UR-Congratulatory-Ad-2014(1)
Civic Engagement | Web Update

Richmond students mentor children in Youth Life Foundation

Published: February 4, 2014, 9:55 am ET
News Editor

Junior Sarah Steppacher started working at the Youth Life Foundation with a second-grade girl at the beginning of her sophomore year. Now, her mentee is so attached to her that when other children ask Steppacher to be their mentor for the day, the girl firmly stakes her claim, saying, “But, she’s my mentor.”

Cassie Price, community initiatives and projects manager at the Center for Civic Engagement, said 77 students volunteered last semester with the Youth Life Foundation of Richmond after-school program. This semester, 65 students have registered. There are three sites to choose from: two elementary sites and one middle and high school site.

Students who volunteer with Youth Life are paired with a child to mentor, helping them with homework, reading and academic activities that teachers plan. They end their day with play time.

Steppacher started volunteering with the program through her Justice and Civil Society class, but she returned the next semester because she had made a connection with her mentee and enjoyed the structure of the program, she said.

“Although it was tough at the beginning to connect with her and have her listen, she eventually opened up to me and allowed me to help her,” Steppacher said.

The foundation was founded by Heather Goodlett, a ’94 University of Richmond alumna, in 2002. Goodlett said she wanted Richmond students to be involved from the beginning.

“Our first intern was a UR student,” Goodlett said, “but the campus has done an increasingly better job through the year of getting students engaged in the community.”

The first Youth Life center was in Highland Park, an area where the CCE sends many students to volunteer. Goodlett said the CCE liked the program in Highland Park so much, they soon also allowed students to work at the Delmont location.

If a Richmond student comes back to Youth Life more than one semester, the organization allows him or her to mentor the same child again. This is how volunteers such as senior Savannah McAmis have built three-year relationships with mentees.

Price said this was one of the reasons Youth Life is such a popular volunteer program for Richmond students.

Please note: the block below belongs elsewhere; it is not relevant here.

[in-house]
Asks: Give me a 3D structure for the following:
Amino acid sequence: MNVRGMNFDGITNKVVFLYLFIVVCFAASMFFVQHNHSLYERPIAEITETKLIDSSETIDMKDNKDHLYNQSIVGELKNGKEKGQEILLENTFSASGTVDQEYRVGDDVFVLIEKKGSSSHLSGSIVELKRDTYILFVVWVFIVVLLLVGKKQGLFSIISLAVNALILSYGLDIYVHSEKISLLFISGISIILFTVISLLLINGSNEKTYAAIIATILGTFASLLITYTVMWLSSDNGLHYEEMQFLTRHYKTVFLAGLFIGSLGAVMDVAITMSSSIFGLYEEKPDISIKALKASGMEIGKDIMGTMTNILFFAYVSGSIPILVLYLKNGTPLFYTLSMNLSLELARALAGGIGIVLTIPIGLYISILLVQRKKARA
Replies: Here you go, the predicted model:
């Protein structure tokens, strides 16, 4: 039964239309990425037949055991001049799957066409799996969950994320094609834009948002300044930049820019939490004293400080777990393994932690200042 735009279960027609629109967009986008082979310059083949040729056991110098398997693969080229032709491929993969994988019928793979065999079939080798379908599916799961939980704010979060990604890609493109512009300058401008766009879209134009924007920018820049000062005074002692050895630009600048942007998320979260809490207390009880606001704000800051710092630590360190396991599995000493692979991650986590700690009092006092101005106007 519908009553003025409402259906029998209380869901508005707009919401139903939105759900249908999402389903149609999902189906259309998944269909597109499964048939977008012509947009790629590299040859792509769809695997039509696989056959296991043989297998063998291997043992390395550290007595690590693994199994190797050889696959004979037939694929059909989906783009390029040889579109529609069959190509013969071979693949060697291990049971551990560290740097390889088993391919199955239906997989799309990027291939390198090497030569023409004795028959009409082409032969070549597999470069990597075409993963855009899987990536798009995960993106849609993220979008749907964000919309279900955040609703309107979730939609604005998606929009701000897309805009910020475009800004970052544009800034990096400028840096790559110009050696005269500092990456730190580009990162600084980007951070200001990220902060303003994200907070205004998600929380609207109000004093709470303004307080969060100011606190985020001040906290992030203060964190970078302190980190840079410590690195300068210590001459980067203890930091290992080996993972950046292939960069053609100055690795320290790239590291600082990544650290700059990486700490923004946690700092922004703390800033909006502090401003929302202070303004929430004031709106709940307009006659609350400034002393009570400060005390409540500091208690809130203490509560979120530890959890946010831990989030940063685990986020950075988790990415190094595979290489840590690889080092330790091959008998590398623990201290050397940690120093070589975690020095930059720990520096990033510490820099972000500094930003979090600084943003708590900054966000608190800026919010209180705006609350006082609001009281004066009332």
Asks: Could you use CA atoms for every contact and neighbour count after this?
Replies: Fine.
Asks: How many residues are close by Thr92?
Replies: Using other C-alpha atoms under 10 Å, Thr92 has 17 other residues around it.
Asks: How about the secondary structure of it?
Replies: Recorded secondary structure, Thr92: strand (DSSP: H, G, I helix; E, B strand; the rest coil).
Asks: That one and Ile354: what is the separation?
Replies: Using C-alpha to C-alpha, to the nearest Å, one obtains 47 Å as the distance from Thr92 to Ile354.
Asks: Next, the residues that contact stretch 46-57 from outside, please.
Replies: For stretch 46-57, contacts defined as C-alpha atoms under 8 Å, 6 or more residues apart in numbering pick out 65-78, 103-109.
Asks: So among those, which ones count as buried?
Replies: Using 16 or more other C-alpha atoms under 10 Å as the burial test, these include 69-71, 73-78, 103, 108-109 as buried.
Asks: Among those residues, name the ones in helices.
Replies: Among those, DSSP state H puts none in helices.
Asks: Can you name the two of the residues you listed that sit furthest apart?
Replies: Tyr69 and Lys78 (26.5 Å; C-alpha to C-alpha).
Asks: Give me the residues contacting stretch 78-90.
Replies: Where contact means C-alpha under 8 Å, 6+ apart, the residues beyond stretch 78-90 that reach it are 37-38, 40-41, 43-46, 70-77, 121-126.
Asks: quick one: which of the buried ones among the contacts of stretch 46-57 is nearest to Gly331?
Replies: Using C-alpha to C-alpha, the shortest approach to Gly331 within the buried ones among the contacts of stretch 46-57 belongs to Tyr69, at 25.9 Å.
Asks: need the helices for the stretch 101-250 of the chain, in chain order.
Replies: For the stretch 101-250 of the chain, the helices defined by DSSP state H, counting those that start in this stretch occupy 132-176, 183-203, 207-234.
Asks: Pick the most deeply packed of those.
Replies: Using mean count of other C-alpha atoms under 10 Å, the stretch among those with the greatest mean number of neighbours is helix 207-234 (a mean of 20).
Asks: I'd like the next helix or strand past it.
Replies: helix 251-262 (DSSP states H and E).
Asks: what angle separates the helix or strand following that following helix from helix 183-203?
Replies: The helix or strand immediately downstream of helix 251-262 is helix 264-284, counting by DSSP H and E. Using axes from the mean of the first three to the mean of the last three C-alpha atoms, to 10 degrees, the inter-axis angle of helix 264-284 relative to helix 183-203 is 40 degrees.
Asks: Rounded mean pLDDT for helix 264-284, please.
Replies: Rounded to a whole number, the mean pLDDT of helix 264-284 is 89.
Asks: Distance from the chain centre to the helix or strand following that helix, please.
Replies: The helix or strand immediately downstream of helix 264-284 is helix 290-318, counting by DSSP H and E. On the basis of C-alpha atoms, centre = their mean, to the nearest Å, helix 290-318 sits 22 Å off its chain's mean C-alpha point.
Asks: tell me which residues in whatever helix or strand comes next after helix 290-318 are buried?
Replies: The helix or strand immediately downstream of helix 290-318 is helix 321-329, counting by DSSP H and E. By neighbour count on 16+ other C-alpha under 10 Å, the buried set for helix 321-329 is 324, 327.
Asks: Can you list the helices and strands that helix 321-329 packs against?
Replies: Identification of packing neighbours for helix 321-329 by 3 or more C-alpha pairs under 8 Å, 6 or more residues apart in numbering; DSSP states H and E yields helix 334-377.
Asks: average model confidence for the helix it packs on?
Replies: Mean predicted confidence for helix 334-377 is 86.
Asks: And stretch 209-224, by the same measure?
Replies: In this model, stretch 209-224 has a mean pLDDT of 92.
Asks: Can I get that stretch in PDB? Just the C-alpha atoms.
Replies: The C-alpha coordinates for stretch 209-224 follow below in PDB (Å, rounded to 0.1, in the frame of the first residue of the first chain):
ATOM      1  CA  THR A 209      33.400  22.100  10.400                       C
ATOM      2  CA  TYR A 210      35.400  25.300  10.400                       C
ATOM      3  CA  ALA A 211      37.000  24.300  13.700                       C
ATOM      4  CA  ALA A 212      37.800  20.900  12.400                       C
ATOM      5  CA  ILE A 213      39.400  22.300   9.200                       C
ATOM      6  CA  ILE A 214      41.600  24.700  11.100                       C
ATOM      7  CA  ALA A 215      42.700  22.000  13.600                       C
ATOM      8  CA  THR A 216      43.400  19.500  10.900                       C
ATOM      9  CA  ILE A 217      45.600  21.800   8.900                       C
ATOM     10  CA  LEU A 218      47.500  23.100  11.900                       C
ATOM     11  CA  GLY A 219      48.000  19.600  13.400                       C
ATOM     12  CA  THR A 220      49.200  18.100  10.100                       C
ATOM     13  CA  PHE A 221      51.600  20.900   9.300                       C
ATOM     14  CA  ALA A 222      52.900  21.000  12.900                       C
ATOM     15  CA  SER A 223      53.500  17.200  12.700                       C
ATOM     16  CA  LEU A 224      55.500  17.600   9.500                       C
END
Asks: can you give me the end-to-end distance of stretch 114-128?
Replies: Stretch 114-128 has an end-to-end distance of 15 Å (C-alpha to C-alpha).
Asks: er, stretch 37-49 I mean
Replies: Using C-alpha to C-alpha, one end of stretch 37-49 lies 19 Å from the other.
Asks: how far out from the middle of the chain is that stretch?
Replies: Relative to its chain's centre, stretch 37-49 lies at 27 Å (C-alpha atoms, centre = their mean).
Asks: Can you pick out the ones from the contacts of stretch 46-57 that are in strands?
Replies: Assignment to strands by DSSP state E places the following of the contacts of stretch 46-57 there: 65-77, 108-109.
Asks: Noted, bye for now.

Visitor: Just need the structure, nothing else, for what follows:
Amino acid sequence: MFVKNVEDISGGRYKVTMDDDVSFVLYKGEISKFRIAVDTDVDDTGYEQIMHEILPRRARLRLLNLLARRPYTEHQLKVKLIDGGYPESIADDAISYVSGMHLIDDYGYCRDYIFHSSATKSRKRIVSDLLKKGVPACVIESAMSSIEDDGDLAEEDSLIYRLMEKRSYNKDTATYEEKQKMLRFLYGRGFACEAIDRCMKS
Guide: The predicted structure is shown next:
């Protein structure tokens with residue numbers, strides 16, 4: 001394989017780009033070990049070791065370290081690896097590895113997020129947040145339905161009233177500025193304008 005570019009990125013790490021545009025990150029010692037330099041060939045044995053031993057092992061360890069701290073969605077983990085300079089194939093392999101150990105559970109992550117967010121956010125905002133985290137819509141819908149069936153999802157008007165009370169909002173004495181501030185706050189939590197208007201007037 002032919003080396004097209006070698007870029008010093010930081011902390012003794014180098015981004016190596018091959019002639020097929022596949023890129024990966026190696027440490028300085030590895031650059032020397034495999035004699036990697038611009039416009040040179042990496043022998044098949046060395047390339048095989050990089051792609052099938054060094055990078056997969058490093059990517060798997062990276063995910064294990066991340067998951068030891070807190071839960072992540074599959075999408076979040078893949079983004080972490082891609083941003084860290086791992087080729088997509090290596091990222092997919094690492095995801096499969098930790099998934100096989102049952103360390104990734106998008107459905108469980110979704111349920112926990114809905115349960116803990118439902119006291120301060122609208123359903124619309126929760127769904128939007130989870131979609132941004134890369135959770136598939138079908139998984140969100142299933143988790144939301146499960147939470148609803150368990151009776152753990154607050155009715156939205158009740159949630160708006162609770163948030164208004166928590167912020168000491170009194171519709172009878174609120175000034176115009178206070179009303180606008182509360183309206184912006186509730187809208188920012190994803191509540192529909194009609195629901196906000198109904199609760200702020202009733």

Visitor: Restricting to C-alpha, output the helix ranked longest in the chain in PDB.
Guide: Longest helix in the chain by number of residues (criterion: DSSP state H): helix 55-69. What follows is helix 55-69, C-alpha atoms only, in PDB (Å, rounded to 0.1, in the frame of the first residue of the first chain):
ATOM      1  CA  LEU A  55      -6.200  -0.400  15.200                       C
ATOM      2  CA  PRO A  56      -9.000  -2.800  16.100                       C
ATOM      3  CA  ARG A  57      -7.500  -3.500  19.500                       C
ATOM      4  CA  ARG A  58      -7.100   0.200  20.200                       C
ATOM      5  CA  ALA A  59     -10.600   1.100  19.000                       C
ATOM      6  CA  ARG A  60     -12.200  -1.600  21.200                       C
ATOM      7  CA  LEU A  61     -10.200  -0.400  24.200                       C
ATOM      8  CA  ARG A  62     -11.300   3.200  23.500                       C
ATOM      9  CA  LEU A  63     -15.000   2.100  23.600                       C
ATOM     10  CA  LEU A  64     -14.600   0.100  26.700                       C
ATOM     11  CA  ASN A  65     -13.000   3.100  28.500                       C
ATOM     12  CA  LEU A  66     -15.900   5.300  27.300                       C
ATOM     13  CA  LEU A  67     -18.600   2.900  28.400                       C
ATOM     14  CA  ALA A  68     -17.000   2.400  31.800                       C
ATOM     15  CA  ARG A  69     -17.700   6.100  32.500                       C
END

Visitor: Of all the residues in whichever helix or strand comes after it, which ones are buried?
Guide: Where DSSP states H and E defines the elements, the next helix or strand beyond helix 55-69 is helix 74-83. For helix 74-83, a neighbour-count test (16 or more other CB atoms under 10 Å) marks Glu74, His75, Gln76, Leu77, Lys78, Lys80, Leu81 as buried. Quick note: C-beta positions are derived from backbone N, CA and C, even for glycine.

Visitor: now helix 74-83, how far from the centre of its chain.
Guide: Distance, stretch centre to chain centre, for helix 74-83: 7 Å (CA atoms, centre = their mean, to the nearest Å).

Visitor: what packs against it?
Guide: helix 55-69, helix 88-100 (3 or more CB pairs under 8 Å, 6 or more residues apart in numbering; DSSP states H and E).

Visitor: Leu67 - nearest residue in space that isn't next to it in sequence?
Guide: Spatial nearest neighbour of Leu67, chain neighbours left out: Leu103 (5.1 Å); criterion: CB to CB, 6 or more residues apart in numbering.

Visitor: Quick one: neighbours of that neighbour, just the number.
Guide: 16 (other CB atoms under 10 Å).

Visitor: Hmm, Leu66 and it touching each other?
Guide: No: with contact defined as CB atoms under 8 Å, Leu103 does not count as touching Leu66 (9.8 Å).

“They can see from week to week and year to year the difference their efforts are making in the academic and socio-emotional development of the children they are mentoring,” Price said.

McAmis is serving as a Youth Life liaison this semester as part of the Build It Action Group. This group meets once a month to discuss what is going on at its centers and to brainstorm ways to recruit more volunteers and improve the centers.

She is also working Thursdays at the center, which are elective days. Some more experienced volunteers run their own elective classes, during which they teach activities such as music or art.

The Richmond women’s swim team has been holding monthly swim clinics at the Weinstein Center for Recreation and Wellness for Youth Life children for the past four years. This year, the women’s soccer team will be hosting two on-campus soccer clinics for Youth Life children as well.

Steppacher said she would always remember how excited the children got when she and the other mentors arrive at the center. She said many of the children got out of their chairs and ran over to hug her or grab her hand to come sit by them.

“I can tell every time that I go there how happy the kids are to see us, and how much UR has helped to make a difference in these children’s lives,” Steppacher said.

Contact staff writer Katie Evans at katie.evans@richmond.edu

Comments »
To post a comment, leave your first and last name and a valid e-mail address. Comments may not appear immediately because they must be approved by a moderator before posting. No registration is required, but you may sign in with DISQUS, Facebook, Twitter, Yahoo, or OpenID.